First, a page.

Shazam may have lost some of its 'ooh' factor, but it's still devilishly useful if you don't know what that cool song they're playing is. When the app was first released for iPhone, it was a must-download, if for nothing else than its effectiveness as a party trick. The Windows Phone version was updated last June, and while sharing the strengths and limitations of every Shazam app version, it offers some Windows Phone specific capabilities. But Shazam is not without competition on the platform: Not only can you try the similar SoundHound app, but the built-in Bing search feature in Windows Phone has a microphone feature that listens for ambient music and identifies it for you. So let's take Shazam out for a spin and see whether you really need it.
InterfaceShazam's store description boasts that the app has a "glorious new UI" for Windows Phone 8. At first glance, it's really the most basic interface you can imagine: Just a single big button saying "tag now." As with most windows apps, you swipe sideways to get to different pages. After the Tag Now page, these include pages for your recent tags, chart, and local tags. The app's live tile lets you see album art for your last tag, and you can make another live tile for Tag Now, so you can immediately start song recognition. Finally, among interface goodies is the ability to use the album art of your last-viewed tag as the phone's lock screen background.
But when I headed to an independent coffee shop, things got dicier: The app was unable to identify anything on the hipster baristas' playlist. I held the phone up to the speaker, and I didn't' think the ambient noise was louder than the restaurant and Starbucks, but that might have been a factor in its inability to find the songs. Nor was the app able to identify a song playing on SomaFM, Terre Thaemiz's Hovering Glows or even M-Seven's Contained.
If your phone has no data connection, you can still tag off-line: the app will try to match the audio once a connection becomes available, just as is possible in the iOS app. If just finding out the name of that song that's playing isn't quite enough, you can choose Tag Chart to see top hits, and local tags to see what people nearby are listening to.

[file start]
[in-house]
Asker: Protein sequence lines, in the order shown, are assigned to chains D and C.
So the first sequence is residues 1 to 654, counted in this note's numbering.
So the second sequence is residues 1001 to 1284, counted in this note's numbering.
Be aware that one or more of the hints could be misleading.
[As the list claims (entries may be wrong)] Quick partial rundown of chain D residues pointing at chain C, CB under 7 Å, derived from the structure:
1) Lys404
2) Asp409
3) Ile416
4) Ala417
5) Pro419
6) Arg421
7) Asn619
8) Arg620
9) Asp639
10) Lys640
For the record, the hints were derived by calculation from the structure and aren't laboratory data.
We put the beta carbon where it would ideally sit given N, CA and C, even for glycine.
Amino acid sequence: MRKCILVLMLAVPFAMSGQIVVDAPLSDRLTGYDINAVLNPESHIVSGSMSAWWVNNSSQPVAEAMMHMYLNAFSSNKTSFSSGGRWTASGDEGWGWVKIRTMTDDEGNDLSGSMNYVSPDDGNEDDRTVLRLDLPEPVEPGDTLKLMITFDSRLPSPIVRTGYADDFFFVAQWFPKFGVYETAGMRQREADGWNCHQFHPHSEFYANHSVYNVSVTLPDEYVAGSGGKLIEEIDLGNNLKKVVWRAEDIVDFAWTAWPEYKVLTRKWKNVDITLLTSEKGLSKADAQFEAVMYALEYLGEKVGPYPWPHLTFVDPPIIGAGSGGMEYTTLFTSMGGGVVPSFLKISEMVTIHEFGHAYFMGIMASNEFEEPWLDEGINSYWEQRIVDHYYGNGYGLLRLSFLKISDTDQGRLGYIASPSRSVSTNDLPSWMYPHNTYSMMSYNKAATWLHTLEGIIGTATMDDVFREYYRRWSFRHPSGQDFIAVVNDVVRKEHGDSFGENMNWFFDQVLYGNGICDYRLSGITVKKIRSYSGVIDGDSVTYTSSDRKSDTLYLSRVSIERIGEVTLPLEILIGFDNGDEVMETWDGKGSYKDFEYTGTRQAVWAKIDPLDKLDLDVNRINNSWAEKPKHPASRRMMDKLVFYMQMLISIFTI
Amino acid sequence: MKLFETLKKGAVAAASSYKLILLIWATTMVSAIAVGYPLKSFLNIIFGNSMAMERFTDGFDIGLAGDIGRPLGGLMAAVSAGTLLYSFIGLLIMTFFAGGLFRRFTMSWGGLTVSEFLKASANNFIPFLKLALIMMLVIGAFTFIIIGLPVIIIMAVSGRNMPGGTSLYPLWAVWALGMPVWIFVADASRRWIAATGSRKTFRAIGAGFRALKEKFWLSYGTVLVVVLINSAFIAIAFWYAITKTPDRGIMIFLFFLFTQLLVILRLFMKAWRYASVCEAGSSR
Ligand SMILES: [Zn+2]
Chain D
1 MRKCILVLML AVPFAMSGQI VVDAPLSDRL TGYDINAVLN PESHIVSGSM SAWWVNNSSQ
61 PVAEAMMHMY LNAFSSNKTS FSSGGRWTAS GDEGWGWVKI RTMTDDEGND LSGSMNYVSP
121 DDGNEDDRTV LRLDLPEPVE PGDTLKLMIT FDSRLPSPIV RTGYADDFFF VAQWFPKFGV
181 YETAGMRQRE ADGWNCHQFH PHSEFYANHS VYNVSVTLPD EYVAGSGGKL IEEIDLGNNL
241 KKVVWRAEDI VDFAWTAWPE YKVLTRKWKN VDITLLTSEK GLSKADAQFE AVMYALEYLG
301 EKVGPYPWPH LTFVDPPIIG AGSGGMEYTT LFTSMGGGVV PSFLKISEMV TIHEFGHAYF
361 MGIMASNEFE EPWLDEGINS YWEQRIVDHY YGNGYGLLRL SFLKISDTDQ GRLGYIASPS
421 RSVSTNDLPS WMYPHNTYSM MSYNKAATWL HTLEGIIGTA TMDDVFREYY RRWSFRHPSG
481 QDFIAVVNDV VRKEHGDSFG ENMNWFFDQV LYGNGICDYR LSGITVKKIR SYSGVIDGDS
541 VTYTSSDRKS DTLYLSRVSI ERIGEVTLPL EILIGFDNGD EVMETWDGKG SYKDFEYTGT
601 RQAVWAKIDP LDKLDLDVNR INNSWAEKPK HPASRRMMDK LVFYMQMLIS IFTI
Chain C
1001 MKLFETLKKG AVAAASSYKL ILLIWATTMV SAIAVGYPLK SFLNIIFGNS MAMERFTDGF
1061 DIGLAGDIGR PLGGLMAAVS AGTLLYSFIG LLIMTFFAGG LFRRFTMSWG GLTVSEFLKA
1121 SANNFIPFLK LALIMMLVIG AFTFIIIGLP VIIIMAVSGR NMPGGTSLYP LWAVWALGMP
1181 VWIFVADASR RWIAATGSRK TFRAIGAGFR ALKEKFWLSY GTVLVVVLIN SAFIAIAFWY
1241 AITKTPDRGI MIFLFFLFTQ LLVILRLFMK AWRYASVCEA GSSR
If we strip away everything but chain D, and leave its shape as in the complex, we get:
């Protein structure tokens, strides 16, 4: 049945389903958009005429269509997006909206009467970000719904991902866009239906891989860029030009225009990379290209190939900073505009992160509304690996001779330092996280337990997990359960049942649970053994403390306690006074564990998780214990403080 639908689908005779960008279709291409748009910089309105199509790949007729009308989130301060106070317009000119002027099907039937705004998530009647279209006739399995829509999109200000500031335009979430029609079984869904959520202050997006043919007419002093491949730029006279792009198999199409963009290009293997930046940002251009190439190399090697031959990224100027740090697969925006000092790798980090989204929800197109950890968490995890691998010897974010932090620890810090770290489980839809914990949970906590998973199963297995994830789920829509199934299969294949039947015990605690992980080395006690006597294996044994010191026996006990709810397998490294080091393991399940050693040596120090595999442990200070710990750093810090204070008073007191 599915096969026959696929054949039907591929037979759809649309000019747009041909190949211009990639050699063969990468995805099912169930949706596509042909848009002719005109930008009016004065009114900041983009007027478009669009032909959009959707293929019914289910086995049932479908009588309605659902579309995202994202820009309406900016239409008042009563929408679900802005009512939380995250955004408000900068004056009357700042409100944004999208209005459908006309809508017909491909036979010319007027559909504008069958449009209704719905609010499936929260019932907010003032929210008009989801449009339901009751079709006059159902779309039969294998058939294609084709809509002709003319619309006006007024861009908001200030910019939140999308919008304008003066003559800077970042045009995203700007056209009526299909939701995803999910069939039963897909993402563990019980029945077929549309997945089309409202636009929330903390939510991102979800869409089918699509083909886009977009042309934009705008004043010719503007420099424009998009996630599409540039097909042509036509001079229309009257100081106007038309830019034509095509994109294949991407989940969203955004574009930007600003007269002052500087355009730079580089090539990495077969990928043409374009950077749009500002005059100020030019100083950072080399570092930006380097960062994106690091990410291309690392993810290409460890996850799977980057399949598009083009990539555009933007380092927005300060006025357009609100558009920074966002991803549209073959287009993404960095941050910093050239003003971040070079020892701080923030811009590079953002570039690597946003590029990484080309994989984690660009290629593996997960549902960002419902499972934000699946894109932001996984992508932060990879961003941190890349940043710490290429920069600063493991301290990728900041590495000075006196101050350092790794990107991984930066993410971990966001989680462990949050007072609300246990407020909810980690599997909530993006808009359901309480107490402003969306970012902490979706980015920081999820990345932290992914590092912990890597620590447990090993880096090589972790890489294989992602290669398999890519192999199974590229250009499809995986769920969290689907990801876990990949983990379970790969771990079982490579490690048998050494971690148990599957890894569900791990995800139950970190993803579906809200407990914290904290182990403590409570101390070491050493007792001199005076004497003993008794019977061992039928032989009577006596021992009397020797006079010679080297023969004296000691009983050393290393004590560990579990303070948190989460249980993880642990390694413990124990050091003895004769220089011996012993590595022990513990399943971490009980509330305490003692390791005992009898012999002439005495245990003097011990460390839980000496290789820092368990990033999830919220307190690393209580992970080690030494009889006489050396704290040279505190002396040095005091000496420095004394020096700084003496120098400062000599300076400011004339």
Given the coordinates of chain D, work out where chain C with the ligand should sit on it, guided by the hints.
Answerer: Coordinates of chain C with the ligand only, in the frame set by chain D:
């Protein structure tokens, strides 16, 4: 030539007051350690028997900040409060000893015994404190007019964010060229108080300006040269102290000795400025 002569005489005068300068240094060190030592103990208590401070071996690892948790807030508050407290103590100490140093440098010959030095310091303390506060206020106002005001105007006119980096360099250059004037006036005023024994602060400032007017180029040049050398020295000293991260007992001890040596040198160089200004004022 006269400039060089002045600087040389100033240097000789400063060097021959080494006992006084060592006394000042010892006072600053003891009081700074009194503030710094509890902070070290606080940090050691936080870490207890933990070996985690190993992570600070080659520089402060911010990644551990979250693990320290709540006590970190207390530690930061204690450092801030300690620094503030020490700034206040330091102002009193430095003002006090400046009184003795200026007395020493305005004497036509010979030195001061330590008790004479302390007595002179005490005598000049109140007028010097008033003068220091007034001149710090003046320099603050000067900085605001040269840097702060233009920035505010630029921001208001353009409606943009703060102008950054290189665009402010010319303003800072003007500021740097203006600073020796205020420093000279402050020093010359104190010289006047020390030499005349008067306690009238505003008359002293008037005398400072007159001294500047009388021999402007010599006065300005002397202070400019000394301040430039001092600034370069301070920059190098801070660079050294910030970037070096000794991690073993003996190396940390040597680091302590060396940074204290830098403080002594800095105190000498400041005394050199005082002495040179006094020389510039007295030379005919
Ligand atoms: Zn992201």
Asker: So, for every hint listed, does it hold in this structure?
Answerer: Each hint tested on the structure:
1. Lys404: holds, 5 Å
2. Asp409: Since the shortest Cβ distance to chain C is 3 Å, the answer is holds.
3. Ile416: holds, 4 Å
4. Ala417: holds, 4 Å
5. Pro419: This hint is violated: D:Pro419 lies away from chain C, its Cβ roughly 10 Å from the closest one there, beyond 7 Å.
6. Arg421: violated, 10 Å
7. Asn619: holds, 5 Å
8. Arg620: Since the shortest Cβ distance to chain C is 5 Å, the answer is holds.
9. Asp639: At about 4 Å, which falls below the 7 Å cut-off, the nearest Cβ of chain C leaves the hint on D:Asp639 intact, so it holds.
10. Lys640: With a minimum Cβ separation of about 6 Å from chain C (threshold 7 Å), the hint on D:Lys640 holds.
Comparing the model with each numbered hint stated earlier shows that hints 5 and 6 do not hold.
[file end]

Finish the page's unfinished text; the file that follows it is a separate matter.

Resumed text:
"Windows Phone 8 users now have access to a great smartphone experience, from faster tagging and a new interactive map, where users can discover the music people are listening to around them. This is more than just the music that's already popular; these are often songs people are discovering for the first time."
Shazam is an application that can identify music, movies, advertising, and television shows, based on a short sample played and using the microphone on the device. It was created by London-based Shazam Entertainment, and has been owned by Apple Inc. since 2018. The software is available for Android, macOS, iOS, Wear OS, watchOS and as a Google Chrome extension.
Shazam identifies songs using an audio fingerprint based on a time-frequency graph called a spectrogram. It uses a smartphone or computer's built-in microphone to gather a brief sample of audio being played. Shazam stores a catalogue of audio fingerprints in a database. The user tags a song for 10 seconds and the application creates an audio fingerprint. Shazam works by analyzing the captured sound and seeking a match based on an acoustic fingerprint in a database of millions of songs. If it finds a match, it sends information such as the artist, song title, and album back to the user. Some implementations of Shazam incorporate relevant links to services such as iTunes, Apple Music, Spotify, YouTube, or Groove Music.
Initially, in 2002, the service was launched only in the UK and was known as "2580", as the number was the shortcode that customers dialled from their mobile phone to get music recognized. The phone would automatically hang up after 30 seconds. A result was then sent to the user in the form of a text message containing the song title and artist name. At a later date, the service also began to add hyperlinks in the text message to allow the user to download the song online.
Shazam launched in the US on the AT&T Wireless network in 2004 in a joint offering with Musicphone, a now defunct San Francisco-based company. The service was free at launch with AT&T saying that it would charge $0.99 for each use in future.
Shazam Entertainment provides an application for connecting artists and fans through music discovery. It offers Shazam, a mobile application for iOS, Android, and Windows phones that enables people to discover, explore, and share their favorite music and TV.
Shazam's Chrome extension is useful, especially to those who love streaming on their laptops or desktops. You can easily identify songs playing in a Netflix movie or TV show even with your headphones are connected. It also saves you from the extra step of getting your phone out of pocket. 2b1af7f3a8